Or at least, to some interpretation of it. To the idea that a core foundation of society should involve people doing things for the good of everyone as a whole, with no direct benefit to themselves individually. To a system in which we all try to do good for each other based on what we each need, rather than what we can each afford or achieve on our own. That sounds terrible to a lot of people.

And it’s not some perverse hatred of generosity and kindness which leads them there. It’s possible, apparently, to believe that a ruggedly capitalist system, where no more is ever provided to people than what they’re able to earn and pay for, would be the optimal way to allow our most noble impulses to improve the world.

But a lot of the objections to socialist ideas and programs come from thinking too small.

Often, when people are imagining how terrible socialism would be, they’re picturing some amount of their money being taken away from them and given to someone else, because some central authority has deemed that this other person “needs” it more. And they think, hey, I earned that money, through all that tedious drudgery I have to do just to survive at that job I resent, so why does it get taken away from me by the government, to give to someone else who didn’t even work for it?

I mean, for this to make much sense, you need to pretend that people generally get paid money in relation to how hard they toil and how useful their work, which is just comical lunacy. But even so, the above paragraph is not a useful way to imagine how society could work if we were all looking after each other.

When I’m at work, earning a salary to keep me in books and cheesecake, I’d also resent the idea of chunks of it being nibbled at and taken away for things that won’t directly benefit me. I’ve kinda been numbed to it with tax and national insurance deductions by now, but they still hurt a little when I really look at my payslip. We’re a naturally loss-averse species, and I have financial commitments to worry about. Millennia of evolution have given my brain clear instructions on how infuriated it should be by the idea of something of mine being taken away from me.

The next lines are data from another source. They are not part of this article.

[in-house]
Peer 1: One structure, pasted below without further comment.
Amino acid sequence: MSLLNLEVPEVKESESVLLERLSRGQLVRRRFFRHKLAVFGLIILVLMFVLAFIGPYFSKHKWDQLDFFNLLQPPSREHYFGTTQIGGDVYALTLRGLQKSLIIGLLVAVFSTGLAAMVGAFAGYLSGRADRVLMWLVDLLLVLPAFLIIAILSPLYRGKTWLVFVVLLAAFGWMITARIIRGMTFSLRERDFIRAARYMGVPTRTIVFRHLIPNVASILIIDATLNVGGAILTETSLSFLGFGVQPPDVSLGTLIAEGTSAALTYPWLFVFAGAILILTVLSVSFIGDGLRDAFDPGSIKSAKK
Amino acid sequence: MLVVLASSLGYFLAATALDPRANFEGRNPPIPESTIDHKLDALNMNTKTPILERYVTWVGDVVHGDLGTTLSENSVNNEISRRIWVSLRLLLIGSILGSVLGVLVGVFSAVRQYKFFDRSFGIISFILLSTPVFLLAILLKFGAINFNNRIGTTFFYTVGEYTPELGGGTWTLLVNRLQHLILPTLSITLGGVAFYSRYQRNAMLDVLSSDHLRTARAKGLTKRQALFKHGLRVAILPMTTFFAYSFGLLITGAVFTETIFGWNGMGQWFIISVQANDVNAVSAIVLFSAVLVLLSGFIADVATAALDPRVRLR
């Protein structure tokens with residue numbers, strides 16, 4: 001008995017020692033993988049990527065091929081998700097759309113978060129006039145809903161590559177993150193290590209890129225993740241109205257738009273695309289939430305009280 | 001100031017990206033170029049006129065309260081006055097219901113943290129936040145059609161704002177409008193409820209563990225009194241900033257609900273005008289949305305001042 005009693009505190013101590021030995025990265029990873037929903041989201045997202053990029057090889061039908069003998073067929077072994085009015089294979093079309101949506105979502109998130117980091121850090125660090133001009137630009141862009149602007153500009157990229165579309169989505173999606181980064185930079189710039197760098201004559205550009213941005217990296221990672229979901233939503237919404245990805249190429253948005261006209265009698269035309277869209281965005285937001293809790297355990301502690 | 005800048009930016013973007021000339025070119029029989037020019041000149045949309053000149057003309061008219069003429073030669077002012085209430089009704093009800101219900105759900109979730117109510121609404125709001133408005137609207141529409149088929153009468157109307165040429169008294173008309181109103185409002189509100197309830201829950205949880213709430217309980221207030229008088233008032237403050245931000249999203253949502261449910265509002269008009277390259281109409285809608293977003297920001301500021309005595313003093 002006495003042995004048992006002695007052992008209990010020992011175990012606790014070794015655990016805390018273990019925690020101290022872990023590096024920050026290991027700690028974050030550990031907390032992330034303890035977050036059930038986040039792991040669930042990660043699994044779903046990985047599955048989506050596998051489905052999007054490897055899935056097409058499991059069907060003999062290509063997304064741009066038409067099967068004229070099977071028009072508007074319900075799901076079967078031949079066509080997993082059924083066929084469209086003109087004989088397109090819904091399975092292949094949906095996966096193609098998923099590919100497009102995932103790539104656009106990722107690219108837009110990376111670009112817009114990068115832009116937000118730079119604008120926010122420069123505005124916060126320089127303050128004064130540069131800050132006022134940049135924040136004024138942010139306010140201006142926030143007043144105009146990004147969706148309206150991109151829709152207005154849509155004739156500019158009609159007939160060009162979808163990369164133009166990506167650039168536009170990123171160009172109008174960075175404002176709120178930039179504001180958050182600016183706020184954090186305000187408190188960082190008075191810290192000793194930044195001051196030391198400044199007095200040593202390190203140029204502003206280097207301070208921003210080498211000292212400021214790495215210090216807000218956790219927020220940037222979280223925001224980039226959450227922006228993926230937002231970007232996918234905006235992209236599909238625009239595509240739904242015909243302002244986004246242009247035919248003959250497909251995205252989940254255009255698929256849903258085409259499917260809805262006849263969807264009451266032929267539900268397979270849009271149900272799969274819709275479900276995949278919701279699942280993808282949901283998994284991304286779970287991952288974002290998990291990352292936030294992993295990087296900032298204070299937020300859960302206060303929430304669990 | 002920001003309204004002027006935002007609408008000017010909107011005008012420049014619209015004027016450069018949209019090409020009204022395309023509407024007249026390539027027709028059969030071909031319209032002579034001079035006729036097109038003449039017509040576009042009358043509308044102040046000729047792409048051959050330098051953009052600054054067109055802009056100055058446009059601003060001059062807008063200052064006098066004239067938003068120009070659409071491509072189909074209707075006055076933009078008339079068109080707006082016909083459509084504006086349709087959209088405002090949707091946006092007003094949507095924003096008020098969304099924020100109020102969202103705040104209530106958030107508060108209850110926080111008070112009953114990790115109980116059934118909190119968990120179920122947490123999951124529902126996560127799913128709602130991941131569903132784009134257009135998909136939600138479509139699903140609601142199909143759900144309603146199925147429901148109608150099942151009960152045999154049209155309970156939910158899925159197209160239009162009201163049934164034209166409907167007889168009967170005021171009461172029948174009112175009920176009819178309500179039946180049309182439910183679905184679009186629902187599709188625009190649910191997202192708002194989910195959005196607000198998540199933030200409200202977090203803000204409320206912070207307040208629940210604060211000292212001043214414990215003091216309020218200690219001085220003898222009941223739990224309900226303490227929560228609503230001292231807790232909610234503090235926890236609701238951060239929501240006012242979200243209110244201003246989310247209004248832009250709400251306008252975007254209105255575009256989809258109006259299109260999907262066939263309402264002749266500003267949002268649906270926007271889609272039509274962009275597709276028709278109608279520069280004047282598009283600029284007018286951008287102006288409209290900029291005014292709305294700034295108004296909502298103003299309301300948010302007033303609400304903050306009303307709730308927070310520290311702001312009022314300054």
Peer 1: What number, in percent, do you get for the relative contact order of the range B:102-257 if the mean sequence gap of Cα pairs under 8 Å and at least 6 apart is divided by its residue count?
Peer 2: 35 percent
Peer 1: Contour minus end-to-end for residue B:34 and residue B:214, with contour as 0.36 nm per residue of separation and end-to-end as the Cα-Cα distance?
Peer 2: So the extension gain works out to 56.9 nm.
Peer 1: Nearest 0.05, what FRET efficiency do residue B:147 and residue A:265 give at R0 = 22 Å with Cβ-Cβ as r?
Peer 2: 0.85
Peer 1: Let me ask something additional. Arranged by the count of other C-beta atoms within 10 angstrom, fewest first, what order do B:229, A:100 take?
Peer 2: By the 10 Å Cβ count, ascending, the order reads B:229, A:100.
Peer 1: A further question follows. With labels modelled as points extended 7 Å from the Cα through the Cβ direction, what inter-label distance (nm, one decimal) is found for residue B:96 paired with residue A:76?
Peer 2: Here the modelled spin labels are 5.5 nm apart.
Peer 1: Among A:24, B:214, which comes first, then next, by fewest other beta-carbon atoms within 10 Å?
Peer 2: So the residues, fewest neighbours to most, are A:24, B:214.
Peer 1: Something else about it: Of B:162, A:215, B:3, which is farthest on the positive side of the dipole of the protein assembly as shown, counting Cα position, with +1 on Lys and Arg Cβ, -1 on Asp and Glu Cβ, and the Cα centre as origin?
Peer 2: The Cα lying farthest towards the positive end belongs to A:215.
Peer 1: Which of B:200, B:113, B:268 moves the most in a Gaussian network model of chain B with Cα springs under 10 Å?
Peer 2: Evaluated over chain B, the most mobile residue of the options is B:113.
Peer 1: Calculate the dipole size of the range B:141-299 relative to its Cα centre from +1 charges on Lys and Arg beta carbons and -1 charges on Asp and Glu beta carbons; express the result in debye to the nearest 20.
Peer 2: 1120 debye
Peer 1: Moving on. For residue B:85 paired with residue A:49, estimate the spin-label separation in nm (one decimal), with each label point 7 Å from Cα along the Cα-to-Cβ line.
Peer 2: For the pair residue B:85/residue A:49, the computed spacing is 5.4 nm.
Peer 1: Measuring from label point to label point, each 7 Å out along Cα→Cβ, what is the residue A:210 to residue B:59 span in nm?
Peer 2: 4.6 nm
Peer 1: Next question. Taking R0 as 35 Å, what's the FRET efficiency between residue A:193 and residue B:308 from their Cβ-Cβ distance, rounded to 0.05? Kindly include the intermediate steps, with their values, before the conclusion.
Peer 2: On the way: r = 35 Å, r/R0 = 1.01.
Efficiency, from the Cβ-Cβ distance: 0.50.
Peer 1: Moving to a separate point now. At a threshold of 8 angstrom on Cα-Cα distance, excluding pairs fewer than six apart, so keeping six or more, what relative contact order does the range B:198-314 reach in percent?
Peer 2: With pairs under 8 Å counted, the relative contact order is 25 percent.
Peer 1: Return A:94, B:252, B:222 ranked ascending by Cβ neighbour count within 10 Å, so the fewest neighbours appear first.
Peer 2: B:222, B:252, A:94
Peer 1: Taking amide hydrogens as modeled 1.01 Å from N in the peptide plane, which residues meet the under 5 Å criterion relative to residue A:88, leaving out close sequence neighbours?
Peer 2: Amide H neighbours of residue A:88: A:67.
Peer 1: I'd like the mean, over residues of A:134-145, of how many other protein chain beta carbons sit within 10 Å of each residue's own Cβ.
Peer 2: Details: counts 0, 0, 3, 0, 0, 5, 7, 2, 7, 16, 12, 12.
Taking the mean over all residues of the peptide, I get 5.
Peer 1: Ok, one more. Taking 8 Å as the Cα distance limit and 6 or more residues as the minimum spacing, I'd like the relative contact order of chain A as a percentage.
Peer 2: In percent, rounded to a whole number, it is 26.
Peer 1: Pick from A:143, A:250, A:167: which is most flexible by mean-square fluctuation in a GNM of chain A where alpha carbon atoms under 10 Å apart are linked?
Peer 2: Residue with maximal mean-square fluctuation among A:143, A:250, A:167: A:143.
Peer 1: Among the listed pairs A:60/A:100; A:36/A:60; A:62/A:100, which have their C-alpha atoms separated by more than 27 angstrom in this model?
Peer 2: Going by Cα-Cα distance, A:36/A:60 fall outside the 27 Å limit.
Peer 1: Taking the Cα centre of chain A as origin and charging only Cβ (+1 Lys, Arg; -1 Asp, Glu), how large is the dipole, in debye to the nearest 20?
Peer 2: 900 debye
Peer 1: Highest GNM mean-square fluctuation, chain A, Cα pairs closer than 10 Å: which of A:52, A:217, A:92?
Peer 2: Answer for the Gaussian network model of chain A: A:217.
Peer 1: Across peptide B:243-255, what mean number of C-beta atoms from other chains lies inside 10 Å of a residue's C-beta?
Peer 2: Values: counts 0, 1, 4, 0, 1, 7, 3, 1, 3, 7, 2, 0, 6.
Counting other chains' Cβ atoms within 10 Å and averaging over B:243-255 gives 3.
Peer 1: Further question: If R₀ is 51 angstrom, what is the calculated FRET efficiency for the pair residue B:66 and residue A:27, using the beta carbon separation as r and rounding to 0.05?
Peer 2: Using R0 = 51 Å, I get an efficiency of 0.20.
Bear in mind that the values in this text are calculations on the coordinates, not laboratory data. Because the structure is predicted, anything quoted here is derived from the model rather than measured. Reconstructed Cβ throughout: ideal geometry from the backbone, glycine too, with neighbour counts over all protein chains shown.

But regardless of my gut reaction, helping people is a good thing to do, and in the right circumstances it can feel like it as well. If there were more of such solidarity and mutual aid going around in every direction, we’d be less worried and insecure about our own financial position, and might be able to react less violently to any possible sliver of charity we might somehow be tricked into performing.

As it stands, I’ve got bills to pay, a mortgage, animals to feed, all kinds of shit. If my or my wife’s gainful employment went away, even for a little while, I’d be panicking about our income and how we were supposed to cope. Of course I’m going to be wary of any of that vital cashflow being snatched away at the source, and I’ve got a way better and less frangible deal than many people in similar positions.

But without all those artificial worries to make me so insecure – without the capitalistic infrastructure, which massively disincentivises selflessness, and puts people in positions where actual lasting financial security is an impossible pipe dream for almost everyone – if we could just escape all that and feel safe and get the system of incentives right…

…then I’d love to work as hard to help other people as I currently do just to keep alive. And I’d take what help I can from them, too. Be part of a supportive network, a community.